‘Buckle up’: Emergency room doctor on what you should know in the face of omicron

“This variant is crazy contagious.”

Dr. Megan Ranney. David Degner/New York Times

A Rhode Island emergency room doctor is urging the public to make “smart choices” in the coming weeks as the rapidly spreading omicron variant drives new COVID-19 infections across the nation. 

The Centers for Disease Control and Prevention announced Monday that omicron has become the dominant variant of the coronavirus in the United States, accounting for 73 percent of the new cases in the country last week, showing an almost six-fold increase in the number of infections caused by the variant in just a week. 

Dr. Megan Ranney, an emergency room physician and associate dean at the Brown University School of Public Health, addressed the update on Twitter, breaking down what the public should do to protect against the variant.


“This is way faster than most of us expected,” she wrote. “This variant is crazy contagious — more than measles.”

And for states where omicron hasn’t yet taken over, like Rhode Island, she had a warning.

“God almighty,” she wrote. “Buckle up.”

Now is a good time to upgrade your mask to a high filtration face covering, Ranney said. 

In addition to vaccination, boosters, and masks, the doctor said utilizing ventilation, rapid tests before get-togethers, and only gathering with individuals who are vaccinated and willing to get tested before events are all ways to stay safe through the holidays.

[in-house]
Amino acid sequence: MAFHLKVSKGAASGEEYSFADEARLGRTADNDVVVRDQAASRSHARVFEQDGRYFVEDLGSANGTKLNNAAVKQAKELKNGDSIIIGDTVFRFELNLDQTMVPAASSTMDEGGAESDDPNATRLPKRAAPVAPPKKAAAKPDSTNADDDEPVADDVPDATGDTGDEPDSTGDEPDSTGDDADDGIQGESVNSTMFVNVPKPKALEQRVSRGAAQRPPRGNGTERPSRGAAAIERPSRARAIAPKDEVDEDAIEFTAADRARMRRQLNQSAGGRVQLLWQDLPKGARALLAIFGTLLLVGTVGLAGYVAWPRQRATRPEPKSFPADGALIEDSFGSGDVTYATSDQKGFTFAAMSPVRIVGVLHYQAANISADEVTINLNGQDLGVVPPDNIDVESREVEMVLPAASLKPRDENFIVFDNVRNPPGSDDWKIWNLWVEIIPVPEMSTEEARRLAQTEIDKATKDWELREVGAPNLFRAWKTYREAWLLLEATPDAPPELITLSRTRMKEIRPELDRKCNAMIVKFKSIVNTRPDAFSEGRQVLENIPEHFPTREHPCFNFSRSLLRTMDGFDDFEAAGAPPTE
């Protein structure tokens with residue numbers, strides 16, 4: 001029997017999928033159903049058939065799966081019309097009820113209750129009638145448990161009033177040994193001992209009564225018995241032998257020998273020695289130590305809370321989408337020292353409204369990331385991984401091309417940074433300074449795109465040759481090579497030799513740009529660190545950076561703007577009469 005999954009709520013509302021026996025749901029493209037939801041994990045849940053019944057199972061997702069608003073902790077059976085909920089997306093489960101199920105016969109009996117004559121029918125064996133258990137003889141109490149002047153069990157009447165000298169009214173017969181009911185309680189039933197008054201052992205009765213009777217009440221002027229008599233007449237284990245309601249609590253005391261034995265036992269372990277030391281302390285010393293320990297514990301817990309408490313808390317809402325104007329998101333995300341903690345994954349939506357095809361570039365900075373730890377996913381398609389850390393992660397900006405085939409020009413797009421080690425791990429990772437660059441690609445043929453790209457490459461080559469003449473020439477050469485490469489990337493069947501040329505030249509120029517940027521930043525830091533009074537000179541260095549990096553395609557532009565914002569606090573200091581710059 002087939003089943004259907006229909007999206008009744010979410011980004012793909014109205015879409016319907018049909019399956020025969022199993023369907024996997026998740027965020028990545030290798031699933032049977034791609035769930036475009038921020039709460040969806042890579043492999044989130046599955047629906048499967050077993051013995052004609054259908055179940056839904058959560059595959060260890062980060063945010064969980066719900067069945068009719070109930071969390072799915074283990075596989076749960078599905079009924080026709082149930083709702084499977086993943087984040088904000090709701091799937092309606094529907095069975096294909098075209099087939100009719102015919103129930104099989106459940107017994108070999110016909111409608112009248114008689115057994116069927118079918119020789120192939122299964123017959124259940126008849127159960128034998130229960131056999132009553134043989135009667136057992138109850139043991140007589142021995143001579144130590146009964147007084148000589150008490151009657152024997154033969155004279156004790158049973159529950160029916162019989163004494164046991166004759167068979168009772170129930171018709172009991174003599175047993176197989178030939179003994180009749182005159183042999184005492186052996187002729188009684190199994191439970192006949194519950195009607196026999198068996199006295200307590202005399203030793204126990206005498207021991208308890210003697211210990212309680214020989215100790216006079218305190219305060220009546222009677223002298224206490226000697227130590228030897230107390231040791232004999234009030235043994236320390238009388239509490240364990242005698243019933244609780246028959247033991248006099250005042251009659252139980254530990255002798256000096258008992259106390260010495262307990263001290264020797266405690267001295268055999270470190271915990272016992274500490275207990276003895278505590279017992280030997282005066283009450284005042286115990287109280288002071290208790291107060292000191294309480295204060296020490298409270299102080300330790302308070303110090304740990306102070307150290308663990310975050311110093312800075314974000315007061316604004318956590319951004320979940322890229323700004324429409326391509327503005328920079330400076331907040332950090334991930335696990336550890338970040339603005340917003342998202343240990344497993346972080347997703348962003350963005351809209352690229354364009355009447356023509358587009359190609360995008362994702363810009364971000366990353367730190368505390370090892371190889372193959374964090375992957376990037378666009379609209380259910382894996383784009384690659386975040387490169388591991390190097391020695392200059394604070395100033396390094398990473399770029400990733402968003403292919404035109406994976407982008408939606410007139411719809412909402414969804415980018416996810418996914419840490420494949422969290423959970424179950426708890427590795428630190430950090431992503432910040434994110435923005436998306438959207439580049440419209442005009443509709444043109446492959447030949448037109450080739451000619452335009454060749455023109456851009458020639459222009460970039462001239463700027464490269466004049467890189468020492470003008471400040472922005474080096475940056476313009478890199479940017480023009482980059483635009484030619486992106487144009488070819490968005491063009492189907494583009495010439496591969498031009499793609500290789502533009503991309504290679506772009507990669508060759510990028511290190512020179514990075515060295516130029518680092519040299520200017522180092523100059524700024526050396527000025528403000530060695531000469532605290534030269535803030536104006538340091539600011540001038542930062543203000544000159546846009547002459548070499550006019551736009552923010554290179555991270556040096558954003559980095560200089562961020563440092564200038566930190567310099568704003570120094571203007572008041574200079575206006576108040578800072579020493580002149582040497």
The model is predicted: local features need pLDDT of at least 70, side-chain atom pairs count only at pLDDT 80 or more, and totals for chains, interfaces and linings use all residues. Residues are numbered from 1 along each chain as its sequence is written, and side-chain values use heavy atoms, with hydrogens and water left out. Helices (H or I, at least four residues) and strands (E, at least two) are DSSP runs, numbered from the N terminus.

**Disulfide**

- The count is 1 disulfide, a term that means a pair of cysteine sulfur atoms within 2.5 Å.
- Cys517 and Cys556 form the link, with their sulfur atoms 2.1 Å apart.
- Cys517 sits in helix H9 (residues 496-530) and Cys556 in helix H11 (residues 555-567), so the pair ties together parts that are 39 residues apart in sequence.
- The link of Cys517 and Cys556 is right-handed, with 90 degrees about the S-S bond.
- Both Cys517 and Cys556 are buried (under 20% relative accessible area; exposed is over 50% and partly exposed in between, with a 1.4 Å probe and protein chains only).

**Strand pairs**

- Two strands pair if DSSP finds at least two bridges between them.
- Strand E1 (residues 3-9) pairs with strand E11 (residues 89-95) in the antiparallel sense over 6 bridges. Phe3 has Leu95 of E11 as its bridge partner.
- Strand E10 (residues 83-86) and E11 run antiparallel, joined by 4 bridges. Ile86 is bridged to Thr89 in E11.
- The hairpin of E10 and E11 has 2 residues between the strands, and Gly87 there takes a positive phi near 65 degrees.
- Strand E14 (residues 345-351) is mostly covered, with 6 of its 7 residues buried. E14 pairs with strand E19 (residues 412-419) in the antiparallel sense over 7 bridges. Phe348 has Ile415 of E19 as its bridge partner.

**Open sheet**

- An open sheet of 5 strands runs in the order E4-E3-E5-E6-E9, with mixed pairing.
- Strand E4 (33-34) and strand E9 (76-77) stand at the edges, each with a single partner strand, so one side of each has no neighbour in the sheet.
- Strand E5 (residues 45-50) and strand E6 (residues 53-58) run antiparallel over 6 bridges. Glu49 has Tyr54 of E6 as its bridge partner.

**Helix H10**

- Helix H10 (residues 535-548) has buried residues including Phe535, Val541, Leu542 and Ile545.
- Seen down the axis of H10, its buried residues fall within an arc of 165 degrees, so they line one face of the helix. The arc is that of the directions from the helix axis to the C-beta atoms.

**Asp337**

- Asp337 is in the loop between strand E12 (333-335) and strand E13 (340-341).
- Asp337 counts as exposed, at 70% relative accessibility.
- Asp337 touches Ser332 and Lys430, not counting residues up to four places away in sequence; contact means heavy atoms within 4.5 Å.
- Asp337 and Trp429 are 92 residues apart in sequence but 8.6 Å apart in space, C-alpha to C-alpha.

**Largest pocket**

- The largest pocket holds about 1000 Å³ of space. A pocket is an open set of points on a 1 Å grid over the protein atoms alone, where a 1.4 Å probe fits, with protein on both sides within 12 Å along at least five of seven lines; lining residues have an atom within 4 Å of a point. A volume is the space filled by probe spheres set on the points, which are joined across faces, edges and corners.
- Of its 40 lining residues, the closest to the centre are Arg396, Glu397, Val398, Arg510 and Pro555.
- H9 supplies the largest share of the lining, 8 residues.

“Consider minimizing public interactions until the wave of infection crests — especially if you are immunosuppressed, elderly, or hoping to spend time with folks who are high risk for severe disease,” she said.

She advised that anyone spending time outside their residence plan for when — not if — they become exposed to the virus. 

Those preparations include knowing where to get tested three and five days after your exposure, quarantining if you haven’t been vaccinated, and if you have gotten inoculated, staying away from vulnerable people and masking indoors until the results of your second test.


“If you do get infected: If you are vaccinated (especially if you are boosted) you will most likely only have ‘mild’ illness,” Ranney said. “But mild is still not fun: have ibuprofen, chicken soup, and your doctor’s [number] handy. Ideally have a pulse [oximeter], too. And if you aren’t vaccinated, hold on tight.”

Ranney warned unvaccinated individuals that treatments like monoclonal antibodies might not help, and that many hospital emergency rooms are already overflowing. 

“Please, think again and take this chance to get your shot,” she said.

The doctor also called on officials to make policy changes to help stem infections and prevent hospital systems from collapsing under the surge. 

“Listen,” she said. “There’s a LOT we still don’t know. But we all want to be able to celebrate the holidays — to not be sick. That requires some smart choices today. 


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